This essay constructs an eerily-familiar profile of the strivers we may have interacted with; Oxford and Harvard-educated lawyers and McKinsey consultants with their squeaky-clean image, faux revolutionary yet very status quo opinions, and their constant drive to achieve success by betraying their own. Much of the social dysfunction in the American empire is due to the inner dysfunctions of this elite class that dominate academia, corporate and politics. Peter Turchin makes a convincing argument that what we are witnessing is intra-elite competition, and if so, we need to understand more about this class of people and what is spurring their civil war. More on that in the next newsletter!
By Wolf Tivy
This is political philosophy at its best, releasing itself from minor policy considerations and looking at the ontology of politics. Wolf’s central thesis is that power exists, be it for good or for bad. Any attempt to deal with politics that doesn't attempt to answer the question, "what do we do with power?" is doomed to fail from the outset. Power should be embraced, with the will and vision to do good. But how can we adopt the right mindset for this? Wolf develops a five-stage hypothetical train of thought on how to approach – and wield – power most effectively.
Wolf notes that our current instincts are primed to criticise everyone else's actions and ideas, or even bonding with others over shared values and troubles, but we aren't able to put ourselves in the shoes of someone with power and then implement a positive vision. So the first and obvious step is to put yourself a first-person perspective; what would I do if I were emperor? All of a sudden, you must adopt a holistic perspective which renders ideological considerations obsolete. If I make this change, how will it affect this interest or that sector? You can no longer approach issues myopically. And you will begin to realise that your first job, balancing the various interests of society, is the hardest thing to do.
You also need to have a healthy, collective mindset, lest you come to use your power for your own crony interests. This is what Wolf calls ‘the leadership of a collective enterprise in pursuit of first subsistence, and then higher goods.’ This is especially important as the political elites of many countries, not least those in the Anglosphere, are increasingly self-serving or operate like a mafia. The WE charity scandal in Canada is one example of this.
In a time where the realities of statecraft have become obscured by showmanship and ideology, we lack clarity on what the essence of politics is, and how best to play this game to achieve good outcomes for our people. Wolf offers one way to restore our focus. Additionally, Angelo Codevilla’s ‘Advice to War Presidents’ is one of my favourite books that looks at how to cut past the rhetoric and speak in plain, practical terms. I’ll be talking more about him in the next newsletter.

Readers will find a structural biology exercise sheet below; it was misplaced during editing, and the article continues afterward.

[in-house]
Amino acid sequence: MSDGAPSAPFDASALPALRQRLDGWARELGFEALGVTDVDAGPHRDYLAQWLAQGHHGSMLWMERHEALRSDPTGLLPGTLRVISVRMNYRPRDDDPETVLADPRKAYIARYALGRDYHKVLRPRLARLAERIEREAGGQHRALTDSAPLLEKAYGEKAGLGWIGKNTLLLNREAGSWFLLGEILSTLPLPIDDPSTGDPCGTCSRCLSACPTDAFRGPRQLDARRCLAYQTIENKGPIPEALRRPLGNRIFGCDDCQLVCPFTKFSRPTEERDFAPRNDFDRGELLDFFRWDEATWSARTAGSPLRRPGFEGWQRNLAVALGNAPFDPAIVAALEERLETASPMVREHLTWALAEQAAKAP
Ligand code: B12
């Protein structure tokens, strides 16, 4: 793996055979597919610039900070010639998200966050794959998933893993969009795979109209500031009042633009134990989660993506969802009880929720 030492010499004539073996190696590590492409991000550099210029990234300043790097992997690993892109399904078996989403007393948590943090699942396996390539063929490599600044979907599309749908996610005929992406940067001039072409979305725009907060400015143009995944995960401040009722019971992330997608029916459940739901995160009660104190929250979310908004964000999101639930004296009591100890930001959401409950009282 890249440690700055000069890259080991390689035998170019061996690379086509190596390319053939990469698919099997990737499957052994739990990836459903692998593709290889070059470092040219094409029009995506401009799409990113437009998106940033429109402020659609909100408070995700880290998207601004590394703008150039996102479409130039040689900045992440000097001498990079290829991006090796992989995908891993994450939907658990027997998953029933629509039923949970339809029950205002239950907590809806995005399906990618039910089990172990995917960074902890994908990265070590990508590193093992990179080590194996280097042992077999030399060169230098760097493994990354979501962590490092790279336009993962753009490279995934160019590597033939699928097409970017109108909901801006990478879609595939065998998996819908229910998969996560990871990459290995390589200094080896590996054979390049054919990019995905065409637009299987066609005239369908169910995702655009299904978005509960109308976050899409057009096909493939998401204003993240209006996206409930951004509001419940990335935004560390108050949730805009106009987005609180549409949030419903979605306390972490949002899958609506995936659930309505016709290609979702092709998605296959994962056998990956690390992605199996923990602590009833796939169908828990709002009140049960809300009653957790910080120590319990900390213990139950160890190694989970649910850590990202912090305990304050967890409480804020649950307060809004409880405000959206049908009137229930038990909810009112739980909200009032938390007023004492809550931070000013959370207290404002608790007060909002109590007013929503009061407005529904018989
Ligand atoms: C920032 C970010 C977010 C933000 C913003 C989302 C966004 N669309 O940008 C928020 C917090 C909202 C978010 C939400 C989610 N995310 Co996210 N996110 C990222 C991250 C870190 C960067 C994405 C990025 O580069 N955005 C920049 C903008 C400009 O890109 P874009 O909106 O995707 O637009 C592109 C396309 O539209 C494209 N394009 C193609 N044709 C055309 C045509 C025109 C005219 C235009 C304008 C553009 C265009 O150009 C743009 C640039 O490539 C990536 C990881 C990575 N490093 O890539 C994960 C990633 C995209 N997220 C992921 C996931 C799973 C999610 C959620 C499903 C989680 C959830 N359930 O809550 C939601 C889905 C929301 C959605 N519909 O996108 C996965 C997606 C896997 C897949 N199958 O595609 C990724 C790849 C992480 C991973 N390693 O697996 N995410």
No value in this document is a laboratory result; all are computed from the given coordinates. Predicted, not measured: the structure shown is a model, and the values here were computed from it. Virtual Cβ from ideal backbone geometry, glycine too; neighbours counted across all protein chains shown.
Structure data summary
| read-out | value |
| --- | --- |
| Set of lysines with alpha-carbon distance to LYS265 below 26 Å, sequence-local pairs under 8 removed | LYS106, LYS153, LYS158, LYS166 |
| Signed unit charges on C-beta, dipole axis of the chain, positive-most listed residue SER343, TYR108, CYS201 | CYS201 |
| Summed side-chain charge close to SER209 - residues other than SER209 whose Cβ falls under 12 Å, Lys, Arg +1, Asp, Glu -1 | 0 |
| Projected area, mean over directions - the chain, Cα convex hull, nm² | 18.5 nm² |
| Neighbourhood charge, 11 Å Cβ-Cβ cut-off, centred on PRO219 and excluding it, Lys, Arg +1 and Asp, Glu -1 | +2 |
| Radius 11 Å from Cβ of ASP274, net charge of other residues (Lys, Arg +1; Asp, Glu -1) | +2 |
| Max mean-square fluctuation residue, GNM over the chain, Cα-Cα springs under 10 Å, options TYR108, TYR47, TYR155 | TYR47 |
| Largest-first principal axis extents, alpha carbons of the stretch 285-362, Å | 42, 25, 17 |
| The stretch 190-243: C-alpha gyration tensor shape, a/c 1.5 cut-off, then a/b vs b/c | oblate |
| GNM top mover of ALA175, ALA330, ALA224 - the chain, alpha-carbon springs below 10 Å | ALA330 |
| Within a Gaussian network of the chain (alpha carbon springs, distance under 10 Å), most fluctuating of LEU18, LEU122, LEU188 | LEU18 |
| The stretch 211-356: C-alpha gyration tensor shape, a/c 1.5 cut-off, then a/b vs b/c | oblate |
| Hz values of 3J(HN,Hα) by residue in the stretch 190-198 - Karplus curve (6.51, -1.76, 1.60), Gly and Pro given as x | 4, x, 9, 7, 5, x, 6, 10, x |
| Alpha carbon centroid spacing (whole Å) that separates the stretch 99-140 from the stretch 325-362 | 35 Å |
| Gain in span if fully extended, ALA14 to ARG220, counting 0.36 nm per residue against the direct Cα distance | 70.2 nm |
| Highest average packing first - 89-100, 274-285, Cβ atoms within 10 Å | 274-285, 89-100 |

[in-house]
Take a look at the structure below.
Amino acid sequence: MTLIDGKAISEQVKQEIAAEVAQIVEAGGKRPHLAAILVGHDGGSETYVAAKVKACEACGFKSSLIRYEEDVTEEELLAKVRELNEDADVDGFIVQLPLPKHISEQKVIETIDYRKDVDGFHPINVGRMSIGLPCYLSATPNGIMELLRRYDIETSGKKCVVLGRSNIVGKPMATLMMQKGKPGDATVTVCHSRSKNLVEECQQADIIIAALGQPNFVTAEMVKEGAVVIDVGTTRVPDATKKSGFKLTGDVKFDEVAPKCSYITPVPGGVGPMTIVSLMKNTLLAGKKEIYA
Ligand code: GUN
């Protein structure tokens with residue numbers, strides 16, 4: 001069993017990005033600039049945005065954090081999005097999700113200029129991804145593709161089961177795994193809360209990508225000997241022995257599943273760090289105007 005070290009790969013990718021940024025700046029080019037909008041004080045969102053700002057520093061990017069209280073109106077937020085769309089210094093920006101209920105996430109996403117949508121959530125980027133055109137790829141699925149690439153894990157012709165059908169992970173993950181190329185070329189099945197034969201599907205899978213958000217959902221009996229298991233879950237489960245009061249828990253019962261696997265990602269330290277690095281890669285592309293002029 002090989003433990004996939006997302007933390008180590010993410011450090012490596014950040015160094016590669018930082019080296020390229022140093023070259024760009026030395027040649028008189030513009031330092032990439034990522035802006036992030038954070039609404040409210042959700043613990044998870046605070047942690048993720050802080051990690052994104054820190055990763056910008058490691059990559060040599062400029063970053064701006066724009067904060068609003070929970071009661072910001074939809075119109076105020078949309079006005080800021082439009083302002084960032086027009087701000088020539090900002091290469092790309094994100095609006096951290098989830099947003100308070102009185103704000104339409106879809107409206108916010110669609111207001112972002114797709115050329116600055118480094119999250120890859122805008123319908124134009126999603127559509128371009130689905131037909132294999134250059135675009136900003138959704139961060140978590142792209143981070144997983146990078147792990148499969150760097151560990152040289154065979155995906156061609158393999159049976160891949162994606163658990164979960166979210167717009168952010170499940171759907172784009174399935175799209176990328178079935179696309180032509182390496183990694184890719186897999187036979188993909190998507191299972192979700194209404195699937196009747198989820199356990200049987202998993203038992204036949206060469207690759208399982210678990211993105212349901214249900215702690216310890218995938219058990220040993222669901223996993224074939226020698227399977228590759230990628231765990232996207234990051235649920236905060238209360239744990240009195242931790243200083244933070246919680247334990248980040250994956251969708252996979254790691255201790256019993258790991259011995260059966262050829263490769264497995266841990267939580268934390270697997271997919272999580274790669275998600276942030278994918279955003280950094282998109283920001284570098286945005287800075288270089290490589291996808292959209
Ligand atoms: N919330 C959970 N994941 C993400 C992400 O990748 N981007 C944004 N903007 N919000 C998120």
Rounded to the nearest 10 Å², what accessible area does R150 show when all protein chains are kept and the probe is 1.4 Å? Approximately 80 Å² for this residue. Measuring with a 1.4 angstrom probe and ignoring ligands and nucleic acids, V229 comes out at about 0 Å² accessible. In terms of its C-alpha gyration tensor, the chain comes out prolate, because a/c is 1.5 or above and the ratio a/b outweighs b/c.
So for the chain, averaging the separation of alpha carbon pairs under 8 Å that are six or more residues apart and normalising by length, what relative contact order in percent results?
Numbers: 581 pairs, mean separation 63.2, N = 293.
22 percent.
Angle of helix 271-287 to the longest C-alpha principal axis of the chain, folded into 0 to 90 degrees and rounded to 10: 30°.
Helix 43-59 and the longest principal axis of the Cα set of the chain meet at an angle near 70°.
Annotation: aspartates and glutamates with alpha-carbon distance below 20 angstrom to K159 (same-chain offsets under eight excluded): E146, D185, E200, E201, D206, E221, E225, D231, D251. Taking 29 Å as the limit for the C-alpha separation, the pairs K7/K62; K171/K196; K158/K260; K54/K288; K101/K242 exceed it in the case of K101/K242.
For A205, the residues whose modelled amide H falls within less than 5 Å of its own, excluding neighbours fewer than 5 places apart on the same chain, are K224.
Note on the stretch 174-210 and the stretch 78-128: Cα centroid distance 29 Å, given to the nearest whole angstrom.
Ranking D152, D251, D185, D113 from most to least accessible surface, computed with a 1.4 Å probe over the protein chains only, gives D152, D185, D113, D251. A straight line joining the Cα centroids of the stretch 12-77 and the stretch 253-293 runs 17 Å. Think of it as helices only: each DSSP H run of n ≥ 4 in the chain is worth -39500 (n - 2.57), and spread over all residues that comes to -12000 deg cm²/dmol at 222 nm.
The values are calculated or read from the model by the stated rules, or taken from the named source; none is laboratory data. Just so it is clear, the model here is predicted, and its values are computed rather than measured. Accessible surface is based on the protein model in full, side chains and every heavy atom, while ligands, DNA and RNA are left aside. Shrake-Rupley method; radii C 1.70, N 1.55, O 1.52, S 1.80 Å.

Ideas & Thinking
By Adam Gopnik
This is an incredibly prescient essay published back in 2011, looking at how the internet is changing how we think. Gopnik separates the three categories of thinkers on the internet as: The never-betters, the better-nevers, and the ever-wasers. The never-betters extoll the virtues of the internet, heralding a new era of information freedom that will benefit humanity. The author takes this claim to task, noting that what happened in previous “information revolutions” led to extremely bloody and oppressive periods of history, not enlightenment and liberty.
One example was the Counter-Reformation that ended in the Thirty Years war, one of the most destructive conflicts in human history. In a way, we can already see the beginnings of this in the Chinese firewall, the EU pondering a firewall, and India and the USA could potentially follow, ensuring that half of humanity can no longer communicate with each other.
Gopnik sees the better-nevers, who argue the internet is destroying society as we know it, as hardly better. They are nostalgic, pining for a memory of a world that never was. Every new invention is said to herald the beginning of the end, according to this category of people.
The ever-wasers are a byproduct of the better-nevers, believing that what we are experiencing today is the same sort of discord every age experiences. However, Gopnik notes that something must have certainly changed; what was once in the deepest recesses of our mind – sexual obsessions, conspiracy theories, paranoid fixations and fetishes – are now all on display. These things were previously kept hidden by social norms and the all-important feeling of shame, and losing this is causing one of the major changes in the way we think, and as a byproduct, the way society is being shaped by the internet.